Jonathan Winters

Winters in 1963 Jonathan Harshman Winters III (November 11, 1925 – April 11, 2013) was an American comedian, actor, author, television host, and artist. He started performing as a stand up comedian before transitioning his career to acting in film and television. Winters received numerous accolades including two Grammy Awards, a Primetime Emmy Award, as well as a star on the Hollywood Walk of Fame in 1960, the American Academy of Achievement in 1973, and the Mark Twain Prize for American Humor in 1999.

Beginning in 1960, Winters recorded many classic comedy albums for the Verve Records label including ''The Wonderful World of Jonathan Winters'' (1960). He also had records released every decade for over 50 years, receiving 11 Grammy nominations, including eight for Best Comedy Album, during his career. From these nominations, he won the Grammy Award for Best Album for Children for his contribution to an adaptation of ''The Little Prince'' in 1975 and the Grammy Award for Best Spoken Comedy Album for ''Crank(y) Calls'' in 1996.

With a career spanning more than six decades, Winters also appeared in hundreds of television shows and films, including eccentric characters on ''The Steve Allen Show'', ''The Garry Moore Show'', ''The Wacky World of Jonathan Winters'' (1972–74), ''Mork & Mindy'', and ''Hee Haw''. For his role in the 1963 comedy film ''It's a Mad, Mad, Mad, Mad World'', he received a nomination for the Golden Globe Award for Best Actor – Motion Picture Musical or Comedy. In 1991, Winters won the Primetime Emmy Award for Outstanding Supporting Actor in a Comedy Series for playing Gunny Davis in the short-lived sitcom ''Davis Rules''. In 2002, he was nominated for the Primetime Emmy Award for Outstanding Guest Actor in a Comedy Series for his performance as Q.T. Marlens on ''Life with Bonnie''. Winters was presented with a Pioneer TV Land Award by Robin Williams in 2008.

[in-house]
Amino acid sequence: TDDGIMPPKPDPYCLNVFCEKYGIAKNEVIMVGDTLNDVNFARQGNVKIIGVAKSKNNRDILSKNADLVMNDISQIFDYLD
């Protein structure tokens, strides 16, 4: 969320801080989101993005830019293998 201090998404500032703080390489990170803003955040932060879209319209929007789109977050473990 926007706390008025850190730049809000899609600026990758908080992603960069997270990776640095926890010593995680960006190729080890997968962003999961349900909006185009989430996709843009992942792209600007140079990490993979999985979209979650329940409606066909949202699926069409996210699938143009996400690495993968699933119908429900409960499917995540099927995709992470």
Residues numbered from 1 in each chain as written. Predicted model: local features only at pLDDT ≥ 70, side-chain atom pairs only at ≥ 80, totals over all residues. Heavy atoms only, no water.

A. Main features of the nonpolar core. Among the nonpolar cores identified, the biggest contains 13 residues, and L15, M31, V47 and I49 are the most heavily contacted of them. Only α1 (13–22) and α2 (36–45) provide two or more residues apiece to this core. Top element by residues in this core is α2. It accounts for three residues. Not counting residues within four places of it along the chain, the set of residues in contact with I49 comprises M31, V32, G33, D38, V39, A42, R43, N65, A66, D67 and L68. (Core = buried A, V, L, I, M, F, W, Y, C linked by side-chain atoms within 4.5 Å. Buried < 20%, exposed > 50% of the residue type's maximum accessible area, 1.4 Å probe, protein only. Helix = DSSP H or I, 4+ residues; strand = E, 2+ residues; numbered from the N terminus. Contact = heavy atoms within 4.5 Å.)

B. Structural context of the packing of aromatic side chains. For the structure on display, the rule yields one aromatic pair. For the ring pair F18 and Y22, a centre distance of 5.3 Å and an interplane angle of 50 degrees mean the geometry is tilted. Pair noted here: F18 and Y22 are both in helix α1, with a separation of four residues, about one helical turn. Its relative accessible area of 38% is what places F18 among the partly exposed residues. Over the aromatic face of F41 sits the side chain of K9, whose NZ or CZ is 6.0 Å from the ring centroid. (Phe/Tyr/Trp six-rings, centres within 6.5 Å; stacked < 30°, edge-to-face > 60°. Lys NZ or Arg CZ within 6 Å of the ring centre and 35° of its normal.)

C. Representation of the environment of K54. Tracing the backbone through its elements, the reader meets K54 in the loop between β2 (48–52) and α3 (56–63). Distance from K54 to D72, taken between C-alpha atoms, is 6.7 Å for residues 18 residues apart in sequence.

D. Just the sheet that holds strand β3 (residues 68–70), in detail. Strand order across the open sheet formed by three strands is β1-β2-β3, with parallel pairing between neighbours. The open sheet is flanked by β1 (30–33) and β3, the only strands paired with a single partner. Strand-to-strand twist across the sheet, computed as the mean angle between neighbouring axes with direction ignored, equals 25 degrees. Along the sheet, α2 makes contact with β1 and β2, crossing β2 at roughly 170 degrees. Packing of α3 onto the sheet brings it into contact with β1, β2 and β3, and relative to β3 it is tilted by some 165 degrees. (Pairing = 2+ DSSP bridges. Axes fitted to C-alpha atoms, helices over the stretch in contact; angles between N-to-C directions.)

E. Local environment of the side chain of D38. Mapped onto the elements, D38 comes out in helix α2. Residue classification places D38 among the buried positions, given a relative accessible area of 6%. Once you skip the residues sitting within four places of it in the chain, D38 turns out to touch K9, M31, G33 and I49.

He also voiced Grandpa Smurf on ''The Smurfs'' TV series from 1986 to the show's conclusion in 1989. Over twenty years later, Winters was introduced to a new generation through voicing Papa Smurf in ''The Smurfs'' (2011) and ''The Smurfs 2'' (2013). Winters died nine days after recording his dialogue for ''The Smurfs 2''; the film was dedicated to his memory. Winters also spent time painting and presenting his artwork, including silkscreens and sketches, in many gallery shows. He authored several books including his book of short stories entitled ''Winters' Tales'' (1988). Provided by Wikipedia

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